Has it really been eight years since this E segment luxury sedan hit the market? Facelifted twice and with multiple powertrain updates and additions during the 2010s, still there’s no hiding the fact that this isn’t a young car. Does that matter?

Real investment at last

Maserati drifted for years under the former owner’s – let’s call it ‘unusual’ – style of managing the business. The same approach appeared to be employed for Chrysler, Dodge, Abarth, Fiat, Fiat Professional, Lancia, Alfa Romeo and even Ferrari. It seemed to consist of spending the least, and for supercars, spinning mechanical updates, a different name and a fresh body as a new model.

Jeep and Ram at least had some proper investment. The former FCA and now Stellantis were lucky that demand for the Grand Cherokee stayed strong during eleven years of production. Jeep in China though? Along with every relevant FCA and PSA brand, this is a case study in how to miss an economic boom. Maserati and all other group divisions remain also-rans in the PRC. Hopefully that will change with some new thinking.

The diminished size of FCA and the lack of big cash reserves as it was merged with PSA showed that the policy of running down brands hadn’t been the way forward.

It’s wonderful to see Carlos Tavares giving publicly stated support for the new group’s historic marques – quite the contrast to how things had been. Even the Chrysler brand finally has some love and its own boss. Or look at Fiat in Brazil which thanks to new models is hammering VW and GM.

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New models

Back to Maserati though. The sports-luxury marque was finally given an SUV in 2016. After that? Nothing until the MC20 supercar arrived at the tail end of 2020.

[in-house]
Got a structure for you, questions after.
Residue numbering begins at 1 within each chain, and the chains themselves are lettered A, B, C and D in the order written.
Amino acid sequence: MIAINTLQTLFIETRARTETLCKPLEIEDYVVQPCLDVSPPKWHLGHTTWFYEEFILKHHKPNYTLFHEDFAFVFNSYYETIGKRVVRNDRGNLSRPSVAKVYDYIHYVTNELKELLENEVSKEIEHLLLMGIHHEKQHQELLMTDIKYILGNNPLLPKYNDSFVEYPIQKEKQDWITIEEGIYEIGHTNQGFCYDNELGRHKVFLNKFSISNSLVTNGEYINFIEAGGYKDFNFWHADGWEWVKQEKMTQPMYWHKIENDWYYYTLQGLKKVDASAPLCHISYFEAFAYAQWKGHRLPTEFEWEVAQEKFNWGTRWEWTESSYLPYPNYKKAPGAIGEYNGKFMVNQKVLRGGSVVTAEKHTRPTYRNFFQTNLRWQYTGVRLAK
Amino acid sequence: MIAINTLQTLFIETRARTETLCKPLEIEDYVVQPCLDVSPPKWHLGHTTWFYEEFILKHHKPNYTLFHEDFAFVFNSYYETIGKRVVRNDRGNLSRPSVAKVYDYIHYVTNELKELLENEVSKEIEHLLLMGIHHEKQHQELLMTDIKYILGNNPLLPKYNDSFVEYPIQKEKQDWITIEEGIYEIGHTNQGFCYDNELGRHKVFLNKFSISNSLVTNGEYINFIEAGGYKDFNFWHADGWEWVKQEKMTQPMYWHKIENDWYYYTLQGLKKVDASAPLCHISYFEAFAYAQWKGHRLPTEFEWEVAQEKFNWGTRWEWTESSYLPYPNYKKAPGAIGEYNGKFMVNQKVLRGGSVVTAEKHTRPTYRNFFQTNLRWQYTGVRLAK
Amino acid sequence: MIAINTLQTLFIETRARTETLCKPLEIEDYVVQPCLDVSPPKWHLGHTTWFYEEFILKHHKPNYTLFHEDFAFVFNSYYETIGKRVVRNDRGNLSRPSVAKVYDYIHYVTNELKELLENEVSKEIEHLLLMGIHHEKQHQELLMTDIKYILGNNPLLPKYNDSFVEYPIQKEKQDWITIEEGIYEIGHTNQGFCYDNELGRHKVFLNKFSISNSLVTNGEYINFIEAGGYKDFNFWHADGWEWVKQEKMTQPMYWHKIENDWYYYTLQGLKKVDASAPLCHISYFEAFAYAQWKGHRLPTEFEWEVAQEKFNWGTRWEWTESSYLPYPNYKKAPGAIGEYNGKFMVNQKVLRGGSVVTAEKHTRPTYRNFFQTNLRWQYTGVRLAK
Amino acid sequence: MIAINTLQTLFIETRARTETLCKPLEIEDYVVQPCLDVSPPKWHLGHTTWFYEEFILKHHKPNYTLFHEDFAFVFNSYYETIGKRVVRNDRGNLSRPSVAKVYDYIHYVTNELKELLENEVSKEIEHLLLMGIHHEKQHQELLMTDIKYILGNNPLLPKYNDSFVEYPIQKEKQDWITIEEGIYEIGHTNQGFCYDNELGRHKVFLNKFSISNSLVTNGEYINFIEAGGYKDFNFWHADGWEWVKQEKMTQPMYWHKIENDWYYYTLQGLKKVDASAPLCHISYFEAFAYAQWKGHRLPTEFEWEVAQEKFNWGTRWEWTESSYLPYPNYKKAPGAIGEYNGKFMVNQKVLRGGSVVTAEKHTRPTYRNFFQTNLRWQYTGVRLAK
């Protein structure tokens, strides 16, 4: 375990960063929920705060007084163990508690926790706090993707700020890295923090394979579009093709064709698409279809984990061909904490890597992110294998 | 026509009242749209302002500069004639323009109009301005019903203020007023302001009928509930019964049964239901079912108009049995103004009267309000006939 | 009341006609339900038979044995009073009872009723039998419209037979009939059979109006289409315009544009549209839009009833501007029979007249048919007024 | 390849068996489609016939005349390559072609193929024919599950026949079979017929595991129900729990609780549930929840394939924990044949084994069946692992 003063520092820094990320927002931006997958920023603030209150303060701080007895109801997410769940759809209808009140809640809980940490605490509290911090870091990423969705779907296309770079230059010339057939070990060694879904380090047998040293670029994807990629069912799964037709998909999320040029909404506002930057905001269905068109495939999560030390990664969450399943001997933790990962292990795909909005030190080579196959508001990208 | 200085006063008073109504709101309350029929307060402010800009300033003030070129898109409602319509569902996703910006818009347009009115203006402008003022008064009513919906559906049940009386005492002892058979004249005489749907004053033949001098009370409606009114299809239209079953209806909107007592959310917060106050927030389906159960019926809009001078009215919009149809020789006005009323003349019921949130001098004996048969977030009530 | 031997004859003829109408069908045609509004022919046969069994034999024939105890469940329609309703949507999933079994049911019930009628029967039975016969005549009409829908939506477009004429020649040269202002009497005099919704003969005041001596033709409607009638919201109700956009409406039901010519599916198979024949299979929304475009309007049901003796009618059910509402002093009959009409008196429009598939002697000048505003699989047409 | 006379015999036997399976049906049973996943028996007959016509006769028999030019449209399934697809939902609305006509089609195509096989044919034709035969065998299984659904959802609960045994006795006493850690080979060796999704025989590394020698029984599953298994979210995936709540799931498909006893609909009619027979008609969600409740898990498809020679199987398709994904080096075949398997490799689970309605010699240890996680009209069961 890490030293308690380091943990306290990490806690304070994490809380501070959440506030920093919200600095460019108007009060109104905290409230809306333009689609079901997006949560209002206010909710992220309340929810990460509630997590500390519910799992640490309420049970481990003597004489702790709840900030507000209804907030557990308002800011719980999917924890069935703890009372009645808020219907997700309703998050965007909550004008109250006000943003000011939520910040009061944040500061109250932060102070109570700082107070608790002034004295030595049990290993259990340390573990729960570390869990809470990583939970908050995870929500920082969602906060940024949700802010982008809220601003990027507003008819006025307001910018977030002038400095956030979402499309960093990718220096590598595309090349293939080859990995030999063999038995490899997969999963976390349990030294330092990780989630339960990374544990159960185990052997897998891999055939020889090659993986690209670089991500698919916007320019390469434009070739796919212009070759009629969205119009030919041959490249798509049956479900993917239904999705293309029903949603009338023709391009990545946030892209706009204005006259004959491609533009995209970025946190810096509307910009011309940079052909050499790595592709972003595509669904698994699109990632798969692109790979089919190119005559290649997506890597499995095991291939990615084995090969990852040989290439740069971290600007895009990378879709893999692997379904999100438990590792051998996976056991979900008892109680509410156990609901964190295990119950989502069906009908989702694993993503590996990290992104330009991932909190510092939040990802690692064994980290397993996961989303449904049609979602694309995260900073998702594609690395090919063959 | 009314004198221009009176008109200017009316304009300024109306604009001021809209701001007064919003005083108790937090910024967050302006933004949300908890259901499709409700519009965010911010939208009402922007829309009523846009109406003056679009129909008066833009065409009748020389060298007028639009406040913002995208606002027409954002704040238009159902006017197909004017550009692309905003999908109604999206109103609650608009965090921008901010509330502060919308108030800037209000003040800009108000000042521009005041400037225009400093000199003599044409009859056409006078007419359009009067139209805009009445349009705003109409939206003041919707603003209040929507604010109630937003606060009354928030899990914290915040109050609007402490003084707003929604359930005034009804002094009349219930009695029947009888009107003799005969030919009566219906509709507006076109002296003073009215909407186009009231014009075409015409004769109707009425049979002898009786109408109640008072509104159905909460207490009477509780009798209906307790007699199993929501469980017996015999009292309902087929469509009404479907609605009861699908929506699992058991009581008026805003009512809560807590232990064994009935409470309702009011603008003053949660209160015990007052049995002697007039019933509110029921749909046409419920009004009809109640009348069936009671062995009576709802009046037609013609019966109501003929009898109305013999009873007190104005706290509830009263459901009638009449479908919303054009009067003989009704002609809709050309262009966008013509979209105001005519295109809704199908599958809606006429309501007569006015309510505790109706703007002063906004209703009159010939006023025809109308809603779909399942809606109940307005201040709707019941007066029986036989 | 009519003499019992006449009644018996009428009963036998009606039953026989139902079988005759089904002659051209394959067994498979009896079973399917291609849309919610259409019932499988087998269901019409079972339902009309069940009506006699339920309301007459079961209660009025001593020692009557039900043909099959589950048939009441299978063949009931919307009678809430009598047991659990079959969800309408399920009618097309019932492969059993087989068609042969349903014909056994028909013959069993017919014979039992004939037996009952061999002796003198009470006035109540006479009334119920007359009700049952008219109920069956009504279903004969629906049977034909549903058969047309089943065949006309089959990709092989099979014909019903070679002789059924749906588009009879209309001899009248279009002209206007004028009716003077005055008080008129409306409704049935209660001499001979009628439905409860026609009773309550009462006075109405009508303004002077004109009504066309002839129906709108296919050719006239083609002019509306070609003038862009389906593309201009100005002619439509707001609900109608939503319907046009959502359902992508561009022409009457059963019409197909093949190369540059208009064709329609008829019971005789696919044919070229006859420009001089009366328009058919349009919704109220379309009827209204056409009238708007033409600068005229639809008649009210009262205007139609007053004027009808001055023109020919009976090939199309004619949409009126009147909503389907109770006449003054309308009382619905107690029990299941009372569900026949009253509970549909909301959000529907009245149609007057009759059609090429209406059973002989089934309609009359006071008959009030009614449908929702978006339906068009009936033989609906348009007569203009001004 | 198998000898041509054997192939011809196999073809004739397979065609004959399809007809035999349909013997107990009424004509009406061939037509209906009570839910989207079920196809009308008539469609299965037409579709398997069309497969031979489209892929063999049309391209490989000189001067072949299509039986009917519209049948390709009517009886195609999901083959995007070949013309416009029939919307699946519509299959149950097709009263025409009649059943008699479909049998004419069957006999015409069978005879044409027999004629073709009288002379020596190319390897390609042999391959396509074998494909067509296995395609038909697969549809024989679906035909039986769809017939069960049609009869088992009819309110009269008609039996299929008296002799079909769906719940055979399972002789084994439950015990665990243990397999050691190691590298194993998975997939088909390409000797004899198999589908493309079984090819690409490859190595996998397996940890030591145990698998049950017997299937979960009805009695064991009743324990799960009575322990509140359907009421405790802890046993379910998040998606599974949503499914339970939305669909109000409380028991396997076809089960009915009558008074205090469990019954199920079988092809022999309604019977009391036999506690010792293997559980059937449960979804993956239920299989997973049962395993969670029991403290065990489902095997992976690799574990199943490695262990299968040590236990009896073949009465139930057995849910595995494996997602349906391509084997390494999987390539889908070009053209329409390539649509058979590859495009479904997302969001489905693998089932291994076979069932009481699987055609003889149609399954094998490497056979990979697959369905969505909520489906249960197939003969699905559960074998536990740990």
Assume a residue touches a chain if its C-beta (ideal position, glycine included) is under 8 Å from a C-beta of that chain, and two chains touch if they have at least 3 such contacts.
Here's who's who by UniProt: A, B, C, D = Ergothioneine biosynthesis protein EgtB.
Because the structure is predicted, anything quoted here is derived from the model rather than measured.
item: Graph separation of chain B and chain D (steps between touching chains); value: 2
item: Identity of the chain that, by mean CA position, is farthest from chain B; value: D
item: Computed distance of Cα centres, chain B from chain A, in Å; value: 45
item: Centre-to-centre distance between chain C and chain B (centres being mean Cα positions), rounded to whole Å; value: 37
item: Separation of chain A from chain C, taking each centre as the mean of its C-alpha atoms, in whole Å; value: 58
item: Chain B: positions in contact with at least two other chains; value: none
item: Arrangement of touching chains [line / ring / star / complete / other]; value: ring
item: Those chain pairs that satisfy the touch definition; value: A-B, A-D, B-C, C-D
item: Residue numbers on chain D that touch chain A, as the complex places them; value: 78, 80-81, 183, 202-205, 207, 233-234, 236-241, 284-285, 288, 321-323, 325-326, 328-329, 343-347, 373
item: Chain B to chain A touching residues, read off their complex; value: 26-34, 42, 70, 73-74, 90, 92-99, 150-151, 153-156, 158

The result of minimal spending in the past is the present need for lots of cash to be splashed. Another legacy of what went on before is two sedans from the 2010s needing to stick around for a few years yet: you can’t replace every model at once.

Creating new vehicles isn’t an inexpensive or quick process. That’s why – along with the need to meet EC emissions norms – the smaller of Maserati’s two sedans has had its most recent refresh and gained a small capacity engine. We may see this powertrain fitted to the Quattroporte.

A mild hybrid despite the badge

The new Ghibli Hybrid is powered by a mild hybrid system. This comprises a 1,998 cc four-cylinder turbo petrol engine, a 48 volt alternator and an electric supercharger (e-Booster), supported by a battery in the boot.

Outputs are 330 hp and 450 Nm, the top speed is 255 km/h and acceleration from 0 to 100 km/h takes 5.7 seconds.

Ferrari power

A Ferrari-built petrol 3.8-litre V8 turbo was also announced in the second half of 2020. This is for the Ghibli Trofeo and larger Quattroporte Trofeo. In both cars it produces 433 kW (588 PS or 580 horsepower) and 730 Nm ( 538 lb ft). As with the Hybrid, each has a ZF torque converter automatic gearbox with drive to the back axle only.

Platform and replacement(s)

The Ghibli’s platform is the same RWD-AWD one as the sixth generation Quattroporte’s. Introduced in 2013, this architecture seems destined to disappear by mid-decade. That’s because Stellantis says the brand’s biggest four-door will become a three-motor EV for the seventh generation in “2023/2024”.